3.4 Implementation Details

We store the current location, previous gradients and improvements in the objective value from previous iterations in the state. We keep track of only the information pertaining to the previous time steps and use in our experiments. More specifically, the dimensions of the state space encode the following information:

  • Current location in the domain

  • Change in the objective value at the current location relative to the objective value at the most recent location for all

  • Gradient of the objective function evaluated at the most recent location for all

Initially, we set the dimensions corresponding to historical information to zero. The current location is only used to compute the cost; because the policy should not depend on the absolute coordinates of the current location, we exclude it from the input that is fed into the neural net.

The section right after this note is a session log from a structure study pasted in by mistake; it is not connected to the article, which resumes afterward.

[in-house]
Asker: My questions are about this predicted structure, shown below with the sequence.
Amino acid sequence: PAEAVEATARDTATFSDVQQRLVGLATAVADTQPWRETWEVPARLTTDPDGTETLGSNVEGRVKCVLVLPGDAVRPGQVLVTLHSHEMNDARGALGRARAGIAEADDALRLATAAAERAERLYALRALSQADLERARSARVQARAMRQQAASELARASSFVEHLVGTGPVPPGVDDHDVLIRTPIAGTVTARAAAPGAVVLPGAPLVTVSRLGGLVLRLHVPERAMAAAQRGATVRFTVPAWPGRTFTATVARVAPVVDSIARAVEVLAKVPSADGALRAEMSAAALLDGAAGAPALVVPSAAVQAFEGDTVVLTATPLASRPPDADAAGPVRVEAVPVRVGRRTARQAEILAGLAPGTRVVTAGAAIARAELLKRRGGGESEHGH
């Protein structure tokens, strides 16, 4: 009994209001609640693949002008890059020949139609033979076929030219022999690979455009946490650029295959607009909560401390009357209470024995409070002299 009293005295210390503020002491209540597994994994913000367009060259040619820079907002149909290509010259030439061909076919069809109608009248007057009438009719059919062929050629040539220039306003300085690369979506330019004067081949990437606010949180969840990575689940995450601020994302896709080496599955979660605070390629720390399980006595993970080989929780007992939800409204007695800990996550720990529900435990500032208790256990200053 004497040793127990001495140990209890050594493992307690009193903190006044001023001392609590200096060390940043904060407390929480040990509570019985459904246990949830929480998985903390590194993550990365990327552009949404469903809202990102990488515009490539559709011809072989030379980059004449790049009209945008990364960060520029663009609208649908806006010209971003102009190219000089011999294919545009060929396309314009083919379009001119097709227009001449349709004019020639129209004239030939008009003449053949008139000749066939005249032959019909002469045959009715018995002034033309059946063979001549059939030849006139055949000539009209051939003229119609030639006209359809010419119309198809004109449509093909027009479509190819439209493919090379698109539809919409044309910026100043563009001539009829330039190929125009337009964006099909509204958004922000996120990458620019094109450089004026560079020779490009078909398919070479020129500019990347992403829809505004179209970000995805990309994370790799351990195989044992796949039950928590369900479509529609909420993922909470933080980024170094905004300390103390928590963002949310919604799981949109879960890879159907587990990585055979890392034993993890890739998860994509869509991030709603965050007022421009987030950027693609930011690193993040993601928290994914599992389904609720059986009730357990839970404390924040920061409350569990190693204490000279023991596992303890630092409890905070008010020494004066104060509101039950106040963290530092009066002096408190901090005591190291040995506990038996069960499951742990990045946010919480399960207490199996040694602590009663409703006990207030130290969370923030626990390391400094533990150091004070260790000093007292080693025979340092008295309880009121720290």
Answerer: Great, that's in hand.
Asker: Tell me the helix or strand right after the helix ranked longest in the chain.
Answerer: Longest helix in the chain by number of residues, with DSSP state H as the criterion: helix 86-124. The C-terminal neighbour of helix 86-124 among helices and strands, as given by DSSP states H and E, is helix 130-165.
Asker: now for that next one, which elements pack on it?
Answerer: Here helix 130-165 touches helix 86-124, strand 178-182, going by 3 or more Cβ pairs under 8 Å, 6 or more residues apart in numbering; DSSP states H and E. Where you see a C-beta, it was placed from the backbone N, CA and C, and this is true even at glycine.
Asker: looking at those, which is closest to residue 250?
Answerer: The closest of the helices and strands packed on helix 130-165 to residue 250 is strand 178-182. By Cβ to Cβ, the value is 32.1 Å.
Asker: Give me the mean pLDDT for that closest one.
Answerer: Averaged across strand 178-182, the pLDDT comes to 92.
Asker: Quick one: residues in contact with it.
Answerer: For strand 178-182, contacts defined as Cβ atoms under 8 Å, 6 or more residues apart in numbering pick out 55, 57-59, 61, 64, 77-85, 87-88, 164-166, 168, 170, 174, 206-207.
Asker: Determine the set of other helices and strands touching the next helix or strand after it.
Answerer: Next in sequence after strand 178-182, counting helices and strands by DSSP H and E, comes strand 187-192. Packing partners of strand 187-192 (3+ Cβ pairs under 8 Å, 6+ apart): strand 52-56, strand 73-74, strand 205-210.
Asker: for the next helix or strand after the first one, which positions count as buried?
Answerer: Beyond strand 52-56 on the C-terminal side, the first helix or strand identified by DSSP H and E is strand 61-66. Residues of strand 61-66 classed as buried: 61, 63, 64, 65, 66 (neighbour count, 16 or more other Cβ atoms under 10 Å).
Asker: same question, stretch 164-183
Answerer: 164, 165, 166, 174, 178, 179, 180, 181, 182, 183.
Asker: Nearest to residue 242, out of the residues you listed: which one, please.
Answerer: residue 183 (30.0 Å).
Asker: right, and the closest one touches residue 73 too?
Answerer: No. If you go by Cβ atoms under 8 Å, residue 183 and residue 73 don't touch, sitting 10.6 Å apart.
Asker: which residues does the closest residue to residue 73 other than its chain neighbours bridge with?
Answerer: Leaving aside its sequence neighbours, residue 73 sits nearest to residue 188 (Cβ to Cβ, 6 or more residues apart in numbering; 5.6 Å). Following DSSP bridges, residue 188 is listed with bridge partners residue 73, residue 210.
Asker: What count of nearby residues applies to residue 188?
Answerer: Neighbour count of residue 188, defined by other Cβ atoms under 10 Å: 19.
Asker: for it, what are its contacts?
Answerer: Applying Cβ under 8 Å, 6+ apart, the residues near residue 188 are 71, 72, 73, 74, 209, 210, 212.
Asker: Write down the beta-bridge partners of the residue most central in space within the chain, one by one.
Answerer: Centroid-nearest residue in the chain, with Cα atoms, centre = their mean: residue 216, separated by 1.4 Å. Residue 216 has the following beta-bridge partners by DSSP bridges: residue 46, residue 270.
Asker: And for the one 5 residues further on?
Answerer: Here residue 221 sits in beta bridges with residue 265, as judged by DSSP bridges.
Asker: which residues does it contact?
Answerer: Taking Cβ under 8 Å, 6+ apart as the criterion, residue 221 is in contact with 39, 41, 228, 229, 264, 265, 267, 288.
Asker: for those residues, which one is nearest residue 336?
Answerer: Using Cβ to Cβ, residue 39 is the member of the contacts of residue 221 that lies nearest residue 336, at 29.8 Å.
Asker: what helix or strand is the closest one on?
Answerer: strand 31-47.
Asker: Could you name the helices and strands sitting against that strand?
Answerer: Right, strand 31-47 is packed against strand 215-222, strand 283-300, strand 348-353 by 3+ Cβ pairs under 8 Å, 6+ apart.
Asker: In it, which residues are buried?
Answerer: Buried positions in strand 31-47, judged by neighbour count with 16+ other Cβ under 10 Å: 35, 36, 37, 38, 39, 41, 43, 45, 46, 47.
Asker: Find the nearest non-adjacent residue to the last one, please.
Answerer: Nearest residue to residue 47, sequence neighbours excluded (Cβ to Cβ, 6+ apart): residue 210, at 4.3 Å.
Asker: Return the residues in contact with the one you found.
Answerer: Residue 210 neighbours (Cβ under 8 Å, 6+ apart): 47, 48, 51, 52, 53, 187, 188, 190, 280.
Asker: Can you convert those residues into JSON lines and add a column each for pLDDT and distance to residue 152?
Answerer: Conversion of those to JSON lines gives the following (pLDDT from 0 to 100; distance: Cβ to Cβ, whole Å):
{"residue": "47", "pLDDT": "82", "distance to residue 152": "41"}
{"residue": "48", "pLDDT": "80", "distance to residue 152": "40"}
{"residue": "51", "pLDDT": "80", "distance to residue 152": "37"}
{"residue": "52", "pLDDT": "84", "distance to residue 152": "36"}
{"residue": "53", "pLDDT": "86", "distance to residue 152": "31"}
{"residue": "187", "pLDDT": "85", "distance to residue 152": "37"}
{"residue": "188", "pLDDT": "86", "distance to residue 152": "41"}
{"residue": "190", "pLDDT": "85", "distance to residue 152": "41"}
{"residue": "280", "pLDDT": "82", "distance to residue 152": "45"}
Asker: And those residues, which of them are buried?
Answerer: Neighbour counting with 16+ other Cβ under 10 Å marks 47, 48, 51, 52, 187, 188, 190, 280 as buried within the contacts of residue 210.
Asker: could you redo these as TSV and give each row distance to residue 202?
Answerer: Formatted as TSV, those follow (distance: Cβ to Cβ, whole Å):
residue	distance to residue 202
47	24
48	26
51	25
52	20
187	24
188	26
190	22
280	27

We use a small neural net to model the policy. Its architecture consists of a single hidden layer with 50 hidden units. Softplus activation units are used in the hidden layer and linear activation units are used in the output layer. The training objective imposed by guided policy search takes the form of the squared Mahalanobis distance between mean predicted and target actions along with other terms dependent on the variance of the policy. We also regularize the entropy of the policy to encourage deterministic actions conditioned on the state. The coefficient on the regularizer increases gradually in later iterations of guided policy search. We initialize the weights of the neural net randomly and do not regularize the magnitude of weights.

Initially, we set the target trajectory distribution so that the mean action given state at each time step matches the step vector used by the gradient descent method with momentum. We choose the best settings of the step size and momentum decay factor for each objective function in the training set by performing a grid search over hyperparameters and running noiseless gradient descent with momentum for each hyperparameter setting.